Real estate has long been the go-to investment for those looking to build long-term wealth for generations. Let us help you navigate this asset class by signing up for our comprehensive real estate investing guide.
For borrowers who can't qualify for a conventional mortgage or whose credit scores prevent them from getting a competitive annual percentage rate (APR) on a mortgage loan, a mortgage guaranteed by the Federal Housing Administration -- also known as an FHA loan -- can be an excellent way to open the door to homeownership at a reasonable cost.
There are two major advantages to FHA loans versus other common types of mortgages. First, the borrower doesn't need a large down payment, since 3.5% of the purchase price is all that's required -- even with borderline credit qualifications. Plus, the down payment funds can come from a gift or assistance program, and most other costs associated with obtaining an FHA mortgage can be rolled into the loan, minimizing out-of-pocket costs to the buyer.
The second big advantage is the flexible FHA loan credit score requirements. Here's a quick guide to the current credit score requirements for obtaining an FHA loan, as well as some other things to consider before deciding if it's the right type of mortgage for you.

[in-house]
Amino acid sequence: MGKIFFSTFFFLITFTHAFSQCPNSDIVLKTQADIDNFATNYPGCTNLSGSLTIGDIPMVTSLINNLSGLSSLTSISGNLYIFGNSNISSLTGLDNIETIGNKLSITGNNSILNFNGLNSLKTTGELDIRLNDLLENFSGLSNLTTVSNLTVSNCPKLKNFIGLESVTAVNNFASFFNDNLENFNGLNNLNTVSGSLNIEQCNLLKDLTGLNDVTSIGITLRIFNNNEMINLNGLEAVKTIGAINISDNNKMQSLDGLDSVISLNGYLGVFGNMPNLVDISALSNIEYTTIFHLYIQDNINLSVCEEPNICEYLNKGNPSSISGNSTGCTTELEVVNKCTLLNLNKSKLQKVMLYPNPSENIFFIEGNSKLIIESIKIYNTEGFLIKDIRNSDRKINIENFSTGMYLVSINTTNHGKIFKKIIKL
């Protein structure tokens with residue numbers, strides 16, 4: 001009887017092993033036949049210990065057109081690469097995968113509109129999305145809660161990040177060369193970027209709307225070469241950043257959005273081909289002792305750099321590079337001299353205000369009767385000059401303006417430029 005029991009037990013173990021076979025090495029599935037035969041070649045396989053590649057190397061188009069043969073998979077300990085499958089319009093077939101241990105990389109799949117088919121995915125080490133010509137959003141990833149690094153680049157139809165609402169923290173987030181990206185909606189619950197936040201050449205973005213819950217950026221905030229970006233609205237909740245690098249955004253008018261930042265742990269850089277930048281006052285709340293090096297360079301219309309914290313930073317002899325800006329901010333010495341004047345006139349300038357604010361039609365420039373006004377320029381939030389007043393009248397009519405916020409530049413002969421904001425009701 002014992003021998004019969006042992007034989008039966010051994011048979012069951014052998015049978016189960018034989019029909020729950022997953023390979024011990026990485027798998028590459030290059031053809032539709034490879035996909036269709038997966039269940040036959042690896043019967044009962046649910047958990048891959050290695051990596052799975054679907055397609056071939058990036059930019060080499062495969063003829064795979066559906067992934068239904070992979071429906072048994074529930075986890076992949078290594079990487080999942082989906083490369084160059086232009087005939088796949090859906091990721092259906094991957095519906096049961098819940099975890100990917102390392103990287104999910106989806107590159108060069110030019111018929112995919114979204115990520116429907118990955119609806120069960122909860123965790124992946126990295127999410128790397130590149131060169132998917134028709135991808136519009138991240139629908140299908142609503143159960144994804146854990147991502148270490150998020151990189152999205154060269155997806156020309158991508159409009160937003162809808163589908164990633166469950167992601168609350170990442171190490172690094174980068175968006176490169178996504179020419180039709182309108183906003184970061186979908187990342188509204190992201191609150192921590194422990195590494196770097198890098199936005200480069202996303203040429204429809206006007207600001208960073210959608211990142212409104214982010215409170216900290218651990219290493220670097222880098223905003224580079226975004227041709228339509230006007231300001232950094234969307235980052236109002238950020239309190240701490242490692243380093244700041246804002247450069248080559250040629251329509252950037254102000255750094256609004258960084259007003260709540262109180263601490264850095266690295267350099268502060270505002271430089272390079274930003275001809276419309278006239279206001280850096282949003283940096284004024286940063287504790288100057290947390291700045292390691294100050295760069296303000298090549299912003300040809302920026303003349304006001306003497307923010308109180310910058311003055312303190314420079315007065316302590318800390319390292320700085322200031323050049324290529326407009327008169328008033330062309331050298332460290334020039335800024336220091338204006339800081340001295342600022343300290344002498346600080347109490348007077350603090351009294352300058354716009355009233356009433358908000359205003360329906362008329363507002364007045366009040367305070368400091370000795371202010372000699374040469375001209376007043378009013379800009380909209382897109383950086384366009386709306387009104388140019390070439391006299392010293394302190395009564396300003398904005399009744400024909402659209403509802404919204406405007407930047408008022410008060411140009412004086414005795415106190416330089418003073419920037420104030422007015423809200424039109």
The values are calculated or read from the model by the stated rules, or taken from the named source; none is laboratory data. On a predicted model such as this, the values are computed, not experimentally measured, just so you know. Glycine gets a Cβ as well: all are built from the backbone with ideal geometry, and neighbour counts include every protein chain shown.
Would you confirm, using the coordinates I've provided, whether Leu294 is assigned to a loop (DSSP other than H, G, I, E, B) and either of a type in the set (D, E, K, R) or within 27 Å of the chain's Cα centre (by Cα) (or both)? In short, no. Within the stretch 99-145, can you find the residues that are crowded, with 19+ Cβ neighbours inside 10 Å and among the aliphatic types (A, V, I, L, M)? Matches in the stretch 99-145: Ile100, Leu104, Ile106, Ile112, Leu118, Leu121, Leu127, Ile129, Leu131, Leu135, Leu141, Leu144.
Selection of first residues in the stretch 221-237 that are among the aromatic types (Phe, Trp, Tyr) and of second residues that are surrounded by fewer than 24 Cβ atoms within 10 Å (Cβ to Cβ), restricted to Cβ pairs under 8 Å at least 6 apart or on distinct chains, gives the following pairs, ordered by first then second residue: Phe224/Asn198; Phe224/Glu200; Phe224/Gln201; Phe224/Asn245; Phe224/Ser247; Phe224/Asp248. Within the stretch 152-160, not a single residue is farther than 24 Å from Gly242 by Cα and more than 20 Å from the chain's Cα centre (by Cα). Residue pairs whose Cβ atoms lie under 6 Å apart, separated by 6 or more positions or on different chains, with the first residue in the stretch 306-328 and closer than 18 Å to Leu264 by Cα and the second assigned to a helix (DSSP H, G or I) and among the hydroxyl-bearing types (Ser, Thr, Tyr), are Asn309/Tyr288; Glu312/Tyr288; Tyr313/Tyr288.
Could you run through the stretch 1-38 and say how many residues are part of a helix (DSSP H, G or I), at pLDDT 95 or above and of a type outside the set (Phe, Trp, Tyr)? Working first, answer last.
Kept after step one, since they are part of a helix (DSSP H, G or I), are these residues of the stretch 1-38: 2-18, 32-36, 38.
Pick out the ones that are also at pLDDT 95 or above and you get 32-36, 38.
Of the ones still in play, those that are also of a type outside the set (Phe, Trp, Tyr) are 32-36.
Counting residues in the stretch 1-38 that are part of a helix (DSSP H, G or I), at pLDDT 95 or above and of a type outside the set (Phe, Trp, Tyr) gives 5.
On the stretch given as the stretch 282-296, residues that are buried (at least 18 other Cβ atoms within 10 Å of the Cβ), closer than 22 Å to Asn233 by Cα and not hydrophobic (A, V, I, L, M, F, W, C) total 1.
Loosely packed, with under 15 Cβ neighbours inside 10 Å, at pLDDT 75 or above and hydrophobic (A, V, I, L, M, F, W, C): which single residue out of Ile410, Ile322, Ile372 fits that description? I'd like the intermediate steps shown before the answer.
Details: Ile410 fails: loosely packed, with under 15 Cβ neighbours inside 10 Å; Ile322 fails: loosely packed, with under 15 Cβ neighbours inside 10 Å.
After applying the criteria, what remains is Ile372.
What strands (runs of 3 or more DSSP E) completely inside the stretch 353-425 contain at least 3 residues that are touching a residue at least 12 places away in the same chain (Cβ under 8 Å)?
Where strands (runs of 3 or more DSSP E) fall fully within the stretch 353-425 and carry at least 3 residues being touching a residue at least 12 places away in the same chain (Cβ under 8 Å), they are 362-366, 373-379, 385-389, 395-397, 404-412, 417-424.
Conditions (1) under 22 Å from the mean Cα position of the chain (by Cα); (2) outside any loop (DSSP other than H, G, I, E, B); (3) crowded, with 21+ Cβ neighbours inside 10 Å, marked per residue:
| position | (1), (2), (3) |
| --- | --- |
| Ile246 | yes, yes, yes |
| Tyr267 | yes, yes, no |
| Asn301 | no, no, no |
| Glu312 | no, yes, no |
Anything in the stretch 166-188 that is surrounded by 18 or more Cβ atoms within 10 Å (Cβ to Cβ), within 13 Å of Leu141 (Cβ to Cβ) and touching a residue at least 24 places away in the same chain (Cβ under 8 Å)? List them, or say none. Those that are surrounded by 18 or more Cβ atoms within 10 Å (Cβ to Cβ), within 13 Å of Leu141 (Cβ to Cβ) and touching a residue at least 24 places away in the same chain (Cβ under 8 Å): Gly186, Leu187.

FHA loan credit score requirements
When it comes to the FHA loan credit score requirements, there are two different minimum FICO score requirements, depending on how much money the borrower is prepared to put toward their down payment, explained here:
- 3.5% down payment: Borrowers who want to take advantage of the FHA loan's minimum down payment option need a FICO credit score of at least 580 to qualify.
- 10% down payment: Borrowers who can put at least 10% down on their home purchase can qualify for an FHA mortgage with a FICO credit score as low as 500.
Both minimums are significantly below what most lenders would consider good or even fair credit. So it's fair to say FHA mortgage loans are available to borrowers with significant adverse information on their credit reports. This is especially true for borrowers with 10% down payments, as a FICO score of 500 is deep into the realm of bad credit.
However, just because a borrower's score meets the minimum requirement doesn't necessarily mean they'll qualify. For one thing, credit qualifications are just one part of the mortgage approval process. And while the score requirements are flexible, certain specific information on your credit history might be unacceptable, such as unpaid collection accounts or unresolved judgements.